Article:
Lecture 10: Point and Interval Estimation


Statistical Estimation

Estimator:
a statistic which is used to estimate a parameter.

Estimate:
the numerical value of the estimator that is used.

Note: if we use xbar to estimate MU and xbar = 10, then xbar is the estimator whereas the estimate is 10.

Point Estimate:
a single number.

Interval Estimate:
a range of values within which the parameter is though to lie.


Point Estimation

When we choose an estimator to be used to make a point estimate of a particular population parameter, all we can do is compare the sampling distributions of the various estimators.

for example: sample mean, sample median, etc.

Such a comparison will show which estimators are likely to depart considerably from the population parameter.

We use 3 criteria:

  1. unbiasedness
  2. efficiency
  3. consistency

Unbiasedness
an unbiased estimator is a statistic, the expected value of which equals the parameter being estimated.

thus, xbar is an unbiased estimator because E(xbar) = MU

Efficiency
if two estimators are unbiased, one is more efficient than the other if its variance is less than the variance of the other.

the variance of the sample mean is sigma2 / n

if the population is normal, the variance of the sampling distribution of the sample median is 1.57SIGMA2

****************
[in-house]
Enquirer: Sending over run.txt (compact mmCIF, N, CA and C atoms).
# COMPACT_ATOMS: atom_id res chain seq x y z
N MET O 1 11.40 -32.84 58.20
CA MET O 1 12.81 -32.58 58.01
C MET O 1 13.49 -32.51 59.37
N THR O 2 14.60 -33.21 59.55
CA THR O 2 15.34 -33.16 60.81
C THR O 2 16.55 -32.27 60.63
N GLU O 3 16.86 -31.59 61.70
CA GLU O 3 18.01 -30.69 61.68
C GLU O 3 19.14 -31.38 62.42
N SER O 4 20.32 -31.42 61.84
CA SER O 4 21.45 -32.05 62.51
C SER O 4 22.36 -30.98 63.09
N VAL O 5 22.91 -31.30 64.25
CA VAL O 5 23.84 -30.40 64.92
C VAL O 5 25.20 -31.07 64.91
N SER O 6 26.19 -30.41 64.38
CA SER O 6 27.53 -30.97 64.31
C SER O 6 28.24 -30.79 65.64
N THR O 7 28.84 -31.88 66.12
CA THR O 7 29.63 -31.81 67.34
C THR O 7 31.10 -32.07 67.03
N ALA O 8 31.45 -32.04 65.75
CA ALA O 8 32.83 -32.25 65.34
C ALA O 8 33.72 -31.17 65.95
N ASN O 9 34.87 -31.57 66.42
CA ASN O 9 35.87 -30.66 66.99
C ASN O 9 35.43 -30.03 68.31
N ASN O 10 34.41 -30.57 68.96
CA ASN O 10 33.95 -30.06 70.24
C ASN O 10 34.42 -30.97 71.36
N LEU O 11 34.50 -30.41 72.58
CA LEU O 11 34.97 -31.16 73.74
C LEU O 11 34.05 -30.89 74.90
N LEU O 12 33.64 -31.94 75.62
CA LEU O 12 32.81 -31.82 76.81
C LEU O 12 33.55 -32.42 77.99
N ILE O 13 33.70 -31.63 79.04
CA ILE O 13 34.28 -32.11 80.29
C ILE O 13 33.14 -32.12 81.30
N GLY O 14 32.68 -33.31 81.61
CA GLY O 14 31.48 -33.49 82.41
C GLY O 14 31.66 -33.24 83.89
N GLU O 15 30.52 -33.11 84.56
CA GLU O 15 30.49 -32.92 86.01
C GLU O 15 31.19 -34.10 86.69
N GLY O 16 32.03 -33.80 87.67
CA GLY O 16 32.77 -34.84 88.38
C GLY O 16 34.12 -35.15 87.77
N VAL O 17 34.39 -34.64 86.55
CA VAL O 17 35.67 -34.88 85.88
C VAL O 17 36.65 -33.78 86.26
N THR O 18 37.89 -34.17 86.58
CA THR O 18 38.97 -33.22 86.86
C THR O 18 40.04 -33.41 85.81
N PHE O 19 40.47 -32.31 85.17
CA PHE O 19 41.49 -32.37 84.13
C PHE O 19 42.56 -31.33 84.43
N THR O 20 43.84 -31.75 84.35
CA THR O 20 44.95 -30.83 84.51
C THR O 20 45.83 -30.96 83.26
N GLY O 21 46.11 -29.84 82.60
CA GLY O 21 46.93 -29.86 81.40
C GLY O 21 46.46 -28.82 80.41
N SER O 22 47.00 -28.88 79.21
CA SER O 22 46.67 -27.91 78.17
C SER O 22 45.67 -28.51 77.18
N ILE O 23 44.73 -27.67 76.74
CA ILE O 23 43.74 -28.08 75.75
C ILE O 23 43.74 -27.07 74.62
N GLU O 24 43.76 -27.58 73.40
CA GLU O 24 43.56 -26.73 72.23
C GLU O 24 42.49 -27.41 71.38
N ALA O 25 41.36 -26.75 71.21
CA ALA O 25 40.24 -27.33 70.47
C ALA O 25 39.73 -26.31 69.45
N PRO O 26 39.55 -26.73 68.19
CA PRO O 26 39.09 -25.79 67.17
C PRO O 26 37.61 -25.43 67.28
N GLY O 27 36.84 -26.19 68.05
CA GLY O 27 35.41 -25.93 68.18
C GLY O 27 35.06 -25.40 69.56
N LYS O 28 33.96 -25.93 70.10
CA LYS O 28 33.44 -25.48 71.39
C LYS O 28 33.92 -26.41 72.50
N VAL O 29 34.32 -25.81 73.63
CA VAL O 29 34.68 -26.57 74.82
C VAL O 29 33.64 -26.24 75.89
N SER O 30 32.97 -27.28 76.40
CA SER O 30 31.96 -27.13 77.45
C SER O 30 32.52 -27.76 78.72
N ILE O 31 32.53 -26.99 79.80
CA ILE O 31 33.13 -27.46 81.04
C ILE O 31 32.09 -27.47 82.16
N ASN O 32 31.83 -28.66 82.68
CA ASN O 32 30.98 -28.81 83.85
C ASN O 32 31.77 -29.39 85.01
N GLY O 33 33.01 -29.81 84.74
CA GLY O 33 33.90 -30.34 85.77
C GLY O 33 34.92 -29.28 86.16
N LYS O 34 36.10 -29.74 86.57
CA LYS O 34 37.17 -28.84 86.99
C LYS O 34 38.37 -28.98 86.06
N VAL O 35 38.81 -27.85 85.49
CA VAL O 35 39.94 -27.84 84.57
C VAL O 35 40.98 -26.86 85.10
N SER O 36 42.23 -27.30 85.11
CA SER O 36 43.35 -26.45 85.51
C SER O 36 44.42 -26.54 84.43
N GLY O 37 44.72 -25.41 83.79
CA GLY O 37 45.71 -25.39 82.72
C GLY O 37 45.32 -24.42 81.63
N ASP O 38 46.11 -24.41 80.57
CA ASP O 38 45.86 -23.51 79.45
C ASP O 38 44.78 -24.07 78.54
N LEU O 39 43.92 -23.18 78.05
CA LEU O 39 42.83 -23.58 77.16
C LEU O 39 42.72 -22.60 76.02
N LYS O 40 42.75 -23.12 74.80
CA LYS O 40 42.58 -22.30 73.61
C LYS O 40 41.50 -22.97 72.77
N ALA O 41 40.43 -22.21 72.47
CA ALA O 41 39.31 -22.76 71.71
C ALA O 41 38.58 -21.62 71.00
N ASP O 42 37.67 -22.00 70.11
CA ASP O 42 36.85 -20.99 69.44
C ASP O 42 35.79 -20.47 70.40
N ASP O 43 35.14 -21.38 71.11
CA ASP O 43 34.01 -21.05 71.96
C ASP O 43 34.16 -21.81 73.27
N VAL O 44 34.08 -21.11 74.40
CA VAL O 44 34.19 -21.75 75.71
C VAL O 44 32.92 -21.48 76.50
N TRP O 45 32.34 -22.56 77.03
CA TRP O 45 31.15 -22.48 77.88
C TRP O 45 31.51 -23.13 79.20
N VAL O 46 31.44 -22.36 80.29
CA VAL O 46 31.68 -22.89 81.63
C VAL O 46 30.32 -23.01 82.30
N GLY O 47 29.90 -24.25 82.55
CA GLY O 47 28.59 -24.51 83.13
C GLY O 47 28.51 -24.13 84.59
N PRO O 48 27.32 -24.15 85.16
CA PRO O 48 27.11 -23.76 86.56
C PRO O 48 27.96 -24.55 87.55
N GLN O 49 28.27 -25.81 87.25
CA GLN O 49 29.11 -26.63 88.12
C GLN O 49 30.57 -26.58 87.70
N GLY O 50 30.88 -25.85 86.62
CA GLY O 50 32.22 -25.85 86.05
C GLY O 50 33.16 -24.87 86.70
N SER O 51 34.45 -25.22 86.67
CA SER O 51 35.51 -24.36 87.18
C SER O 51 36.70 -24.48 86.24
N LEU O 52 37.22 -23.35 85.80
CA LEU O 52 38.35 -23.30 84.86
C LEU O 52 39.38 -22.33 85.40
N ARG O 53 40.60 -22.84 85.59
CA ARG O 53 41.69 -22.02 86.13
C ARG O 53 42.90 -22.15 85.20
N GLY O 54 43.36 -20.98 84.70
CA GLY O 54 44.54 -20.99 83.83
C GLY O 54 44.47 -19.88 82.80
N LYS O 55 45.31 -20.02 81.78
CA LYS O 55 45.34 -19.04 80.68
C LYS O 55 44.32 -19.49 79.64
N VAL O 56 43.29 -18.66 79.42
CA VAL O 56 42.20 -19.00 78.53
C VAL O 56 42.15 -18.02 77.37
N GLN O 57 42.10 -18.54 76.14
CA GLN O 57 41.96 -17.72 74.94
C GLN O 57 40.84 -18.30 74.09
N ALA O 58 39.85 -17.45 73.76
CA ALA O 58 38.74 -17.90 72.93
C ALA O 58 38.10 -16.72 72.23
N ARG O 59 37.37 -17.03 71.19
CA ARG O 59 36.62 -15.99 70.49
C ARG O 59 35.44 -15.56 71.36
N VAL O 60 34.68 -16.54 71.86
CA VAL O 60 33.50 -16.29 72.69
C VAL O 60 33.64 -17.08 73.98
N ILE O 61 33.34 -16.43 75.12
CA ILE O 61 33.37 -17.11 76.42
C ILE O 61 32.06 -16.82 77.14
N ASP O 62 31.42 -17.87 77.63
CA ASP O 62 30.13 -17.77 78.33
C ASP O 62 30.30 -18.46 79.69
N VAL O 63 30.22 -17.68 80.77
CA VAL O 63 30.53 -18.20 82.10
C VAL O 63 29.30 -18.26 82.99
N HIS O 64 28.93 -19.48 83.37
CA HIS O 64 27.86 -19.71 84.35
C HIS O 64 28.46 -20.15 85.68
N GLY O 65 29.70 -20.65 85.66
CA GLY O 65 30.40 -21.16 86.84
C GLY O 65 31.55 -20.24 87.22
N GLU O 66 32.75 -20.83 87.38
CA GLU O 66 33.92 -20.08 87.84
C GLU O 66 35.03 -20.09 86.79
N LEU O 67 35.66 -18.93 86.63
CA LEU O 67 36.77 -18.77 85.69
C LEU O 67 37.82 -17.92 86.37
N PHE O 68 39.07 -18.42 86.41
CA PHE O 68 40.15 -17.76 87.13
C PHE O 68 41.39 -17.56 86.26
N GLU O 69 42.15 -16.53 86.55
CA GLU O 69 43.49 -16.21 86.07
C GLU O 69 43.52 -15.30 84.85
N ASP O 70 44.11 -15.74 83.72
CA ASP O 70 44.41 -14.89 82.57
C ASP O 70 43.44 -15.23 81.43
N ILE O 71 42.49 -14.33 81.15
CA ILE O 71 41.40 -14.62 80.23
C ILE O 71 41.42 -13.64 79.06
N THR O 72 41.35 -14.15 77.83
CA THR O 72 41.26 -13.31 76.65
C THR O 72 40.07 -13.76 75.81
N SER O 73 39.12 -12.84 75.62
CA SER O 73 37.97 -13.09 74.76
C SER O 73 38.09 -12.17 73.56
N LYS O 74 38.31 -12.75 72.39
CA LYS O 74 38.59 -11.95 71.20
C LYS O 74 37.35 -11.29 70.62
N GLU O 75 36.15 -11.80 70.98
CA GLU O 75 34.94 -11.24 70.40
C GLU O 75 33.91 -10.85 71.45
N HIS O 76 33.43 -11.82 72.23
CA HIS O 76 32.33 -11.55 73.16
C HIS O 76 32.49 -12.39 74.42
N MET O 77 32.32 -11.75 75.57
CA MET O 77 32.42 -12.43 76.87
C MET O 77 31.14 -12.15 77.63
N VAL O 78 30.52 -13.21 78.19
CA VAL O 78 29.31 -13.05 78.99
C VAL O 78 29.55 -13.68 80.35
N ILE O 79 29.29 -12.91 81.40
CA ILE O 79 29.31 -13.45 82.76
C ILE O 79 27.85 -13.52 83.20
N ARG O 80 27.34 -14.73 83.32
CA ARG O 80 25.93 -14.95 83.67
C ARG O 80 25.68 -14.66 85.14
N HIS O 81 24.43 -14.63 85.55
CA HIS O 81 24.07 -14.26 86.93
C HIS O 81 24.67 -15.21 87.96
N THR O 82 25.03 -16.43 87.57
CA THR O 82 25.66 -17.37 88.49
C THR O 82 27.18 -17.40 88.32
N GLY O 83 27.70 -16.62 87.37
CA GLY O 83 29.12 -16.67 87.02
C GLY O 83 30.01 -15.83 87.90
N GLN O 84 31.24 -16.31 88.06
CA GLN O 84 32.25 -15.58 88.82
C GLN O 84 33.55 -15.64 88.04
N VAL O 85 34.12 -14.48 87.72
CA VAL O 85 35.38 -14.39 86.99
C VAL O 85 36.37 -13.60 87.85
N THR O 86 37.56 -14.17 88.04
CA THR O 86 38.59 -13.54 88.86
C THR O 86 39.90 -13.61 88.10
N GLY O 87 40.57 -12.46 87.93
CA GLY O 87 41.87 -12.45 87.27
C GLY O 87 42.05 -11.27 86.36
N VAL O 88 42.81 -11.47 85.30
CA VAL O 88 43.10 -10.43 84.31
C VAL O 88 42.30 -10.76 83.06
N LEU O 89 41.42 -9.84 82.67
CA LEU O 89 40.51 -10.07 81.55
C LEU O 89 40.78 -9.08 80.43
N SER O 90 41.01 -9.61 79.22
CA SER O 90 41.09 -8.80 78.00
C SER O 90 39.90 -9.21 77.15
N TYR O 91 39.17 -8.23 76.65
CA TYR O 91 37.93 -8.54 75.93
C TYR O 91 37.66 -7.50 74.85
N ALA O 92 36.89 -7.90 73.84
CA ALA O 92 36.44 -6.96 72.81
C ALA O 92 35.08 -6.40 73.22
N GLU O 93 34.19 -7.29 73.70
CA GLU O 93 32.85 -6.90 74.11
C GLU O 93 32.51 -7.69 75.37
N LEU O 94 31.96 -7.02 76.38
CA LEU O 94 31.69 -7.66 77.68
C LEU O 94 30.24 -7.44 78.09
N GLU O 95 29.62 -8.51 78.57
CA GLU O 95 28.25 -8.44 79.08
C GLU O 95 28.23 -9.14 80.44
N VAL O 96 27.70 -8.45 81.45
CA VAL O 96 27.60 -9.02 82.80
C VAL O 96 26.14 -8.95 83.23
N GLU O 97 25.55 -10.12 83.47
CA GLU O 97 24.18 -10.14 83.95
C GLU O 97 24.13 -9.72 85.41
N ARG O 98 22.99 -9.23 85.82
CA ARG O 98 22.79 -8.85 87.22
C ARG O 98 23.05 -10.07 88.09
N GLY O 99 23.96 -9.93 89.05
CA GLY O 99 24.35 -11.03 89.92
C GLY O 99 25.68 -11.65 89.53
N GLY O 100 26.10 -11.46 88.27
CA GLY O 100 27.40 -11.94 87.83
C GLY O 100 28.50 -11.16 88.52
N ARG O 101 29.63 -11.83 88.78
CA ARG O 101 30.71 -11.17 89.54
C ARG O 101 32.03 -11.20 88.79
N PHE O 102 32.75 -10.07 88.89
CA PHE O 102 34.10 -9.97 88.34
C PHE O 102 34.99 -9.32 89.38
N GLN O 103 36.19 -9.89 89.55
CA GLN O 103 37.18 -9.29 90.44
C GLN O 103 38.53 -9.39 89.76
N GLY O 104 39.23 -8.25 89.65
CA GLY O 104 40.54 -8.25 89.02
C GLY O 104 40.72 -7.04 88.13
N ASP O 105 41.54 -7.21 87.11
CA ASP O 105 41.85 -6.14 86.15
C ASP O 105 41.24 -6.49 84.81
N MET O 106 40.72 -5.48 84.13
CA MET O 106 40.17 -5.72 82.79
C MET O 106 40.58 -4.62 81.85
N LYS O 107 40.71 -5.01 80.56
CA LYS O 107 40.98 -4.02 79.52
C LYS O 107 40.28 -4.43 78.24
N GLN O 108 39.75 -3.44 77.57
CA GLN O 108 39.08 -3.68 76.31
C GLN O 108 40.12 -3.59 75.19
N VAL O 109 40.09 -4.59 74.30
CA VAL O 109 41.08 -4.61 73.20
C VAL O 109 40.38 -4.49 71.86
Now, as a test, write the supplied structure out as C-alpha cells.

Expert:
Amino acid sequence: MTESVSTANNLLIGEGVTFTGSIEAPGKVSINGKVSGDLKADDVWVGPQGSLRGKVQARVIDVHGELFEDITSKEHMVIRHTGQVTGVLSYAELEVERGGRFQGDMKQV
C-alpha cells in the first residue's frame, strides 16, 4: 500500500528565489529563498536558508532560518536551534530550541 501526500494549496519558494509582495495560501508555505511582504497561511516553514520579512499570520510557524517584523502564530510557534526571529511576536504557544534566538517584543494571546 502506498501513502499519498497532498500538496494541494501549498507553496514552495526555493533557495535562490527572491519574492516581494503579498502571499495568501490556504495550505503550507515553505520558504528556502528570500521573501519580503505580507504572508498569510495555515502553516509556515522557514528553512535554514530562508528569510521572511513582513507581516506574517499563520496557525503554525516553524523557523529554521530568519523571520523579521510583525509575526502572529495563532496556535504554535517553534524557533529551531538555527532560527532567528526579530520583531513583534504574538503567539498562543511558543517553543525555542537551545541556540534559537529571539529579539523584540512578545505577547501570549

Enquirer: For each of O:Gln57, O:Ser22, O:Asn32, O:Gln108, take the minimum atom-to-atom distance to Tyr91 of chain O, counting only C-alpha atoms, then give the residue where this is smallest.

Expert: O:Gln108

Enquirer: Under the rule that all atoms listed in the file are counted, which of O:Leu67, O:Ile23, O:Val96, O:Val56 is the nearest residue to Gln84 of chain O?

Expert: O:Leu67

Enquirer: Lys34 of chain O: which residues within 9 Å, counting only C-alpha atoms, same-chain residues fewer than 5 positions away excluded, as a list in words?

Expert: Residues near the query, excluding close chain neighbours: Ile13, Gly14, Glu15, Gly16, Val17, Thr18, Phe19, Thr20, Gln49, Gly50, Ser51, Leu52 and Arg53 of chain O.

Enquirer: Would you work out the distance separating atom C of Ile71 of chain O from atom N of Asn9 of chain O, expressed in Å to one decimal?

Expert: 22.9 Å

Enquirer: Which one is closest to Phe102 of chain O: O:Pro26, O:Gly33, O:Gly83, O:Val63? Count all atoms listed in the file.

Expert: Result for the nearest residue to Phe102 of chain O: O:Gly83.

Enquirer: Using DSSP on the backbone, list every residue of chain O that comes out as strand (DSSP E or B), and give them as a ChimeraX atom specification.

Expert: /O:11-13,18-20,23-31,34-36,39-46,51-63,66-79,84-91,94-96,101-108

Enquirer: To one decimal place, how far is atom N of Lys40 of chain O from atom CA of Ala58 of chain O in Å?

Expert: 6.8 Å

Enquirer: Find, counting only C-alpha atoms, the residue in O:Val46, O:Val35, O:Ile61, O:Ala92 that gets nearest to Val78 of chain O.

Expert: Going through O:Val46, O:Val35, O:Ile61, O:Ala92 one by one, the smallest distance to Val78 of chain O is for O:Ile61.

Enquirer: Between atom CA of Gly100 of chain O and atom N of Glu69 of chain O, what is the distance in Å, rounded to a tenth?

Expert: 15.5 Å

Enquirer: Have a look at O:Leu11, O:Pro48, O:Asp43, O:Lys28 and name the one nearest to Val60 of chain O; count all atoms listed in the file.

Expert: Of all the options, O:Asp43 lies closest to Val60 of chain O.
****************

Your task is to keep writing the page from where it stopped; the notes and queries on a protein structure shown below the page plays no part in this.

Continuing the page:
Consistency
a statistic is a consistent estimator of a parameter if the probability that the statistic's value is very near the parameter's value increasingly approaches 1 as the sample size increases.

for example, for xbar --> standard error = SIGMA / n1/2 --> 0 as n --> infinity


Confidence Intervals for the Population Mean

Where SIGMA is Known: Large Sample

Note: define P{X > 32} as probability that X is greater than 32. Now define P{a < X < b} as the probability that X lies between a and b. Thus, the probability that the value of the sample mean lies between

MU - 1.96 SIGMA / n1/2 and MU + 1.96 SIGMA / n1/2

is denote by

P{MU - 1.96 SIGMA / n1/2 < xbar < MU + 1.96 SIGMA / n1/2}

thus from what we know about the sampling distribution of the sample mean implies:

P{MU - 1.96 SIGMA / n1/2 < xbar < MU + 1.96 SIGMA / n1/2} = 0.95

because the probability that any normal random variable will lie within 1.96 standard deviations of its mean is 0.95.

To construct an interval estimate for the population mean MU:

This means that before the sample is drawn, when xbar is unknown, there is a 0.95 probability that the interval will include the population mean MU.

but


Example 1

SIGMA = 10
n = 100
xbar = 2.00

it would be incorrect to say

P{2.00 - 1.96 * 10 / n1/2 < MU < 2.00 + 1.96 * 10 / n1/2} = 0.95

P{0.04 < MU < 3.96} = 0.95

Since MU is a constant, it is either in this interval or it is not.


All one can say is that if intervals of this sort are calculated repeatedly, they will include the population mean in about 95% of the cases.

Thus, what we have is a confidence interval with confidence coefficient (1 - alpha). In the above example (1 - ALPHA) = 0.95

or

ALPHA = 0.05

Confidence Interval for MU (SIGMA known):
if the confidence coefficient is set equal to (1 - ALPHA), the confidence interval for the population mean is: